When the online magazine Matter launched its Kickstarter campaign in February of 2012, the two founders, Bobbie Johnson and Jim Giles, laid out a very clear vision of what their new publication was aiming to accomplish. “MATTER will focus on doing one thing, and doing it exceptionally well,” they wrote. “Every week, we will publish a single piece of top-tier long-form journalism about big issues in technology and science.”

In just a couple of days, the project raised $50,000, its initial goal. Three days later, it had $75,000. Nine days after its Kickstarter launched, it broke $100,000. By the end of the campaign, more than 2,500 people had chipped in to a pool of $140,201.

Raising that much money was a truly impressive feat, enough to warm the heart of any fan of ambitious journalism—“it’s like puppies flying out of unicorns riding rainbow skateboards,” Choire Sicha wrote at the time. Most Kickstarted journalism projects raise no more than few thousands of dollars. Even other big success, like Tomorrow the Magazine, which later in 2012 raised just under $45,000 (to produce a single issue), and Civil Eats, which last year raised almost $101,000 to maintain the site through 2014, didn’t reach quite the height Matter managed. More than two years later, Matter is still the most successful journalism-supporting Kickstarter ever by a margin of tens of thousands of dollars.

Last week Kickstarter gave more of its site real estate to such startups, establishing a dedicated category to highlight journalism projects seeking support. And Matter, now owned by the publishing platform Medium, relaunched as “a new magazine, about almost everything,” with a story on Britney Spears’ stint in Las Vegas, an essay on covering race in America, and an extremely long interview with BuzzFeed founder Jonah Peretti.

The pitch that the Matter’s first supporters—many of them ardent fans of science journalism—backed in 2012 has morphed dramatically enough that the publication being delivered no longer much resembles the original project. This is a danger of Kickstarter: “Some projects won’t go as planned,” the site warns. This is a pitfall not just for projects that fail, but for ones that succeed well beyond their initial hopes. Matter is in a position to publish more ambitious journalism than it ever was before. But that hasn’t assuaged the disappointment of some original fans who feel that not only is Matter no longer “doing one thing,” it’s no longer doing anything “exceptionally well.”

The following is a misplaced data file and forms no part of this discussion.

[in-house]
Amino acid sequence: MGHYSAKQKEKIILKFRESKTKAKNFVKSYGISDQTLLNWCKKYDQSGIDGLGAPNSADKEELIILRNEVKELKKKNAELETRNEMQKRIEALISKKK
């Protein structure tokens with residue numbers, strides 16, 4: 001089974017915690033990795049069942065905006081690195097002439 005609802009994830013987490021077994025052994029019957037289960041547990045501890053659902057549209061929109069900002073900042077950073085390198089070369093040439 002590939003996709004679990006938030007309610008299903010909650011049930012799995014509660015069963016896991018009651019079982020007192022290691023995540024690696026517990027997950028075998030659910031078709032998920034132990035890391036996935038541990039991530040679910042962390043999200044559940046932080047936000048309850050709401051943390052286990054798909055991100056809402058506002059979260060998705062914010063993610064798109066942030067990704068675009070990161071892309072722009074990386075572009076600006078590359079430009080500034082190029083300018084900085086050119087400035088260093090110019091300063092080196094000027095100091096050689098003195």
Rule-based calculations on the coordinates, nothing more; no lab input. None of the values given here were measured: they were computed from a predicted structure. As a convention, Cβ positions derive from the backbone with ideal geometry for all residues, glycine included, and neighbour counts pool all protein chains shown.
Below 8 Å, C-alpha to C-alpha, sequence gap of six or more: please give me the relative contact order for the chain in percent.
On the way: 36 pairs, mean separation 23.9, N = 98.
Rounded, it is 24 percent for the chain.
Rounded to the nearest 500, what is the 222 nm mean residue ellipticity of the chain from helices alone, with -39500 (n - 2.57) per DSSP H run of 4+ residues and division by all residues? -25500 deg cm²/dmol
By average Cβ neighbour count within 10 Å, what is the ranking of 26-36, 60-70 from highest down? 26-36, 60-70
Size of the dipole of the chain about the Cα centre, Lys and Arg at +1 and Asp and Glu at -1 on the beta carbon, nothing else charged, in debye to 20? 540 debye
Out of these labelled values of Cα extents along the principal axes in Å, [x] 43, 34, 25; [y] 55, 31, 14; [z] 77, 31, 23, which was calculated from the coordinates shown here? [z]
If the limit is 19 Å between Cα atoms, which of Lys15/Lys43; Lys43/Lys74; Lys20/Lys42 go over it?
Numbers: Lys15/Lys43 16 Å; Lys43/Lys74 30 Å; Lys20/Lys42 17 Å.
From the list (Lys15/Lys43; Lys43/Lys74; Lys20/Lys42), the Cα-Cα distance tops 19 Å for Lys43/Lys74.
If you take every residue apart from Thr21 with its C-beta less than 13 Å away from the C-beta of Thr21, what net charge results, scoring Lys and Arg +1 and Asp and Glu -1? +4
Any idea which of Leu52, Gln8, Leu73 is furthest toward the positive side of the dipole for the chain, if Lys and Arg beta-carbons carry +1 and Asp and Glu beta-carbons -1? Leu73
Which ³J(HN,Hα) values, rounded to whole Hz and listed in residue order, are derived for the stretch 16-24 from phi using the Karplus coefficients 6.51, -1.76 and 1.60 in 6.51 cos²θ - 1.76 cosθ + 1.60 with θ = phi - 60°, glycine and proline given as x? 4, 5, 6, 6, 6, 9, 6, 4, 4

“I think there’s genuine sadness,” science writer Seth Mnookin told CJR. “Matter was a noble project that a lot of people believed in, as evidenced by their Kickstarter campaign. ‘How Britney Spears went to Vegas and became a feminist role model’ or ‘Unpaid intern files class action lawsuit against LA Clippers’ was not part of those original, noble intentions.”

Johnson, now a senior editor at Matter, gets the sentiment. “I understand some people took [the Britney story] as a ‘fuck you,’” he said. “It was not that…We want to surprise people. And sometimes surprising people—sometimes you surprise people, and they laugh. Sometimes you surprise people, and they get a bit mad.”

The difference between a fun surprise and a failed one, though, often depends both on how well you know your audience (not everyone likes surprises) and on how much dissimulation the surprise requires. And Matter’s founders weren’t particularly transparent about what was changing.

In April of 2013, after Medium acquired the company, Matter wrote to its readers, “If you already know what we do, don’t expect big changes yet.” That “yet” now seems like an important qualifier: “What will change in the short term? Nothing,” Giles told Poynter’s Andrew Beaujon. “We don’t want to change the business model yet.”

Now that the grace period of “yet” has expired, some readers are now quite curious about what had happened to the idea they’d first backed. “I just hope this doesn’t mean that they’ve decided that high-quality longform science journalism isn’t popular or lucrative enough to be worth focusing their energy on,” wrote Brian Owens, a science writer who was a Kickstarter backer, in an email. There was a signal that this could be the case: As Matter geared up for its reboot, several science stories were spiked.

Sarah Laskow is a writer and editor in New York City. Her work has appeared in print and online in Grist, Good, The American Prospect, Salon, The New Republic, and other publications.